21st September 2021
Library image from a maternity ward.
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Spanish woman raised by wrong family seeks €3m in damages for baby swap error

Human error has been blamed for a maternity ward mix-up, that has resulted in a woman seeking three million euros in compensation after it was revealed that she was given to the wrong family shortly after her birth in 2002.

The error was first been reported by La Rioja newspaper, after revelations of the mix-up came to light by accident following DNA tests four years ago that were instigated for completely different reasons.

Local health authorities in the La Rioja region in northern Spain were alerted to the incident when the grandmother of the woman making the claim – and who had been raising the child since birth due to troubled family backgrounds – requested DNA testing after the alleged father was reneging on his parental responsibilities.

The DNA test revealed that he was not in fact the father and further testing went on to establish that the girl was also not the child of the woman who she thought was her mother.

The authorities then investigated the background to the birth in 2002 and discovered that there had been a mix-up in the maternity ward in the San Millán Hospital in Logroño, with two babies who had been born five hours apart. The hospital is no longer in operation.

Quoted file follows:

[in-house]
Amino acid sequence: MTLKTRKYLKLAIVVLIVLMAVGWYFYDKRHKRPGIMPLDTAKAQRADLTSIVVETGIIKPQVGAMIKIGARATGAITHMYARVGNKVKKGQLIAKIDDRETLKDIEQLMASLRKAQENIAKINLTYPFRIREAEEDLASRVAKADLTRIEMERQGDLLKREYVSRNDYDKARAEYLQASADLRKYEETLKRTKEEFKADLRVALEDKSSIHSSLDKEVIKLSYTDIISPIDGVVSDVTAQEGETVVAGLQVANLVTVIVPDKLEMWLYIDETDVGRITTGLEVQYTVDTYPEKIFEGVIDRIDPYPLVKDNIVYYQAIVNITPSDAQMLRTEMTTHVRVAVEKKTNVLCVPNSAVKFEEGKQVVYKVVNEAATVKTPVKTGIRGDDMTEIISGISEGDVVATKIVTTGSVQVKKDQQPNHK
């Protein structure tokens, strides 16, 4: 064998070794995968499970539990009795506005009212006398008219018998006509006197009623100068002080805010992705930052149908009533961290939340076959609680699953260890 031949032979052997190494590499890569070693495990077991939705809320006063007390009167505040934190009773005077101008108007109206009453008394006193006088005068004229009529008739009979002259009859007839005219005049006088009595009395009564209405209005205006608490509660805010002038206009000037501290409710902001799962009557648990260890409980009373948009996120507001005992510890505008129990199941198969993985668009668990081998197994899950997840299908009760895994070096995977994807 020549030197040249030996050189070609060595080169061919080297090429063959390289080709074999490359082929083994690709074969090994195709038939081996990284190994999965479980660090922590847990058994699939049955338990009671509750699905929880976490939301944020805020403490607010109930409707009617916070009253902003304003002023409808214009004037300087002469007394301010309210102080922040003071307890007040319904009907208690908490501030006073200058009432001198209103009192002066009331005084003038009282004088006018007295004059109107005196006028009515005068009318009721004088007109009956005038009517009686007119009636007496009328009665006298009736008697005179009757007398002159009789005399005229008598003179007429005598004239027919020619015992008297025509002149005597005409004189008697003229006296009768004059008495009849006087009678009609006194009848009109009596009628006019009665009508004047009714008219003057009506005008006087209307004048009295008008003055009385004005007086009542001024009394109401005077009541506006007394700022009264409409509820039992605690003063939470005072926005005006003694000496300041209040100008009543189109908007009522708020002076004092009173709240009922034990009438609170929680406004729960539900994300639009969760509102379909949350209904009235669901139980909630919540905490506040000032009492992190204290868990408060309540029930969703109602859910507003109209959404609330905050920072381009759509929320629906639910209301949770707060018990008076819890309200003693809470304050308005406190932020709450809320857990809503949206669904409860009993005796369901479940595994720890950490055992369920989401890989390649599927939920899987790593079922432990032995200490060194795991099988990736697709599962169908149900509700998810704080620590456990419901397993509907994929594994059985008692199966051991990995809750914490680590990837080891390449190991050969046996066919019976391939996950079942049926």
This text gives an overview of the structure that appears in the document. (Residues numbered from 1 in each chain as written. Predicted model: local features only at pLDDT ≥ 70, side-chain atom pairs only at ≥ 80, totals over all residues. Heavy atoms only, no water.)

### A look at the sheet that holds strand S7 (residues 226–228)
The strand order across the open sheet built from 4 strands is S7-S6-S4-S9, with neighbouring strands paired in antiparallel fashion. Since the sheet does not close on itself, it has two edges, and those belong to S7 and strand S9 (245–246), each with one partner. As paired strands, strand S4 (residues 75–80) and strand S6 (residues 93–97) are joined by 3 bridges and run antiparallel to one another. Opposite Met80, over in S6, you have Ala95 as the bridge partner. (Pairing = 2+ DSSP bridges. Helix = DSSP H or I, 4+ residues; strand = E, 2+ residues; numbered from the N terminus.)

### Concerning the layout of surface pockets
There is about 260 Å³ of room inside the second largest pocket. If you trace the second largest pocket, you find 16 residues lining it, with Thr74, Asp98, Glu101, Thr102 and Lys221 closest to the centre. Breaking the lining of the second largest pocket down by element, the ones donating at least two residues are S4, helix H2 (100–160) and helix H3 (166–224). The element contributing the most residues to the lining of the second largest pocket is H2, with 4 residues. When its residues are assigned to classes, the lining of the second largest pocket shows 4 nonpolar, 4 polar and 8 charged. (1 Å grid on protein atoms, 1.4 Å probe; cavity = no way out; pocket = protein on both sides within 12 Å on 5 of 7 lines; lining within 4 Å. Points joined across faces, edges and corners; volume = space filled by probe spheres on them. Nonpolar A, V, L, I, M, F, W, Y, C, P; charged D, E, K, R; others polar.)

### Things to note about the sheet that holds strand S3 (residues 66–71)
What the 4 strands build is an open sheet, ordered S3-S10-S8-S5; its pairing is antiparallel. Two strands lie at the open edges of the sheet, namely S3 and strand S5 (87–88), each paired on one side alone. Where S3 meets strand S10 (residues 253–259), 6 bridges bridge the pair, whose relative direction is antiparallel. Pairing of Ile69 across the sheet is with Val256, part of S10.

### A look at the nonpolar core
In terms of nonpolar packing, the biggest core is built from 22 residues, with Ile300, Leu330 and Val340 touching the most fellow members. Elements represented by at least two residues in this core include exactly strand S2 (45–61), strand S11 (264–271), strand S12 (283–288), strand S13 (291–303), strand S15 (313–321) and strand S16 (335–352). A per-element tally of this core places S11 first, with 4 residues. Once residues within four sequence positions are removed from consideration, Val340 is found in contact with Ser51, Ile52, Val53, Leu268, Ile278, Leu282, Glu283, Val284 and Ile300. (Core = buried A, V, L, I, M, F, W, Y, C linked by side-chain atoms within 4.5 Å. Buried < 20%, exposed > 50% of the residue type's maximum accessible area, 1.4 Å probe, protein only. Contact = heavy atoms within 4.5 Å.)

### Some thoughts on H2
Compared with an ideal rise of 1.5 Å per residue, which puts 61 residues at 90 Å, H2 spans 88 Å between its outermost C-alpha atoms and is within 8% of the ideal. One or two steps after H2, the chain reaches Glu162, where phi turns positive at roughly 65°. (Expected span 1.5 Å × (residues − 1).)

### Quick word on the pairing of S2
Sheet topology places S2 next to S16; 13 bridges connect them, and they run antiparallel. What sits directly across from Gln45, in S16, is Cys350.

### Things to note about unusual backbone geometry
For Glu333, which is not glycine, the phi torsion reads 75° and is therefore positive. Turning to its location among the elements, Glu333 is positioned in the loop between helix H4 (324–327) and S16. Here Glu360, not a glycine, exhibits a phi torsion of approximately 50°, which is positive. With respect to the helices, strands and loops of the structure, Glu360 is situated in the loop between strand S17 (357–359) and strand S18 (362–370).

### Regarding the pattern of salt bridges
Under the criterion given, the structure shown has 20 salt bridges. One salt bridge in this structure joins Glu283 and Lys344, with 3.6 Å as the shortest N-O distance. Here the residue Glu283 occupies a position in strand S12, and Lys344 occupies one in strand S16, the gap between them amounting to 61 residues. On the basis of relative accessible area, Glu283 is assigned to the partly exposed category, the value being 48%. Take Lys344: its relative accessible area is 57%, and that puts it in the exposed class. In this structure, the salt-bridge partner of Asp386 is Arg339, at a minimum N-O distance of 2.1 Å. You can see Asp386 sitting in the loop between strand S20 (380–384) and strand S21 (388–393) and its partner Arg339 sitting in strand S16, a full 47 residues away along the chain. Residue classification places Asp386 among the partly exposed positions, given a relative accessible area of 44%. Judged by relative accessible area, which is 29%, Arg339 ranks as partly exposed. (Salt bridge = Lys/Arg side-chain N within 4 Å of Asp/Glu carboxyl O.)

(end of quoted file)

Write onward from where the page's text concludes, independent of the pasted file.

Library image from a maternity ward.
Library image from a maternity ward. (Christian Bowen / Unsplash)

It appears that both babies were placed in incubators, due to being underweight at birth, and were accidentally switched before being given to the wrong parents and guardians. One baby went to live with who were thought to be her parents, while the other was passed to her apparent grandmother for care and upbringing, due to the family circumstances at the time.

Sara Alba, Health Chief of La Rioja region, spoke at a news conference on Tuesday about the mix-up. She said that ‘it was human error, and we haven’t been able to find out who was to blame’. She went on to explain that ‘the systems back then were different and weren’t as computerised as they are now’, emphasising that this error could not be repeated with the procedures and systems that are in place today.

The now 19-year-old woman is seeking compensation of 3 million euros, but so far the regional authority has offered only 215,000 euros in compensation, stating that the actual cause of the mix-up cannot be proven.

The lawyer representing the woman, José Sáez Morga, said that his client’s claim is due to her having suffered ‘negligence so serious that it speaks for itself’.

The other woman involved in the swap at birth has been informed of the mistake.

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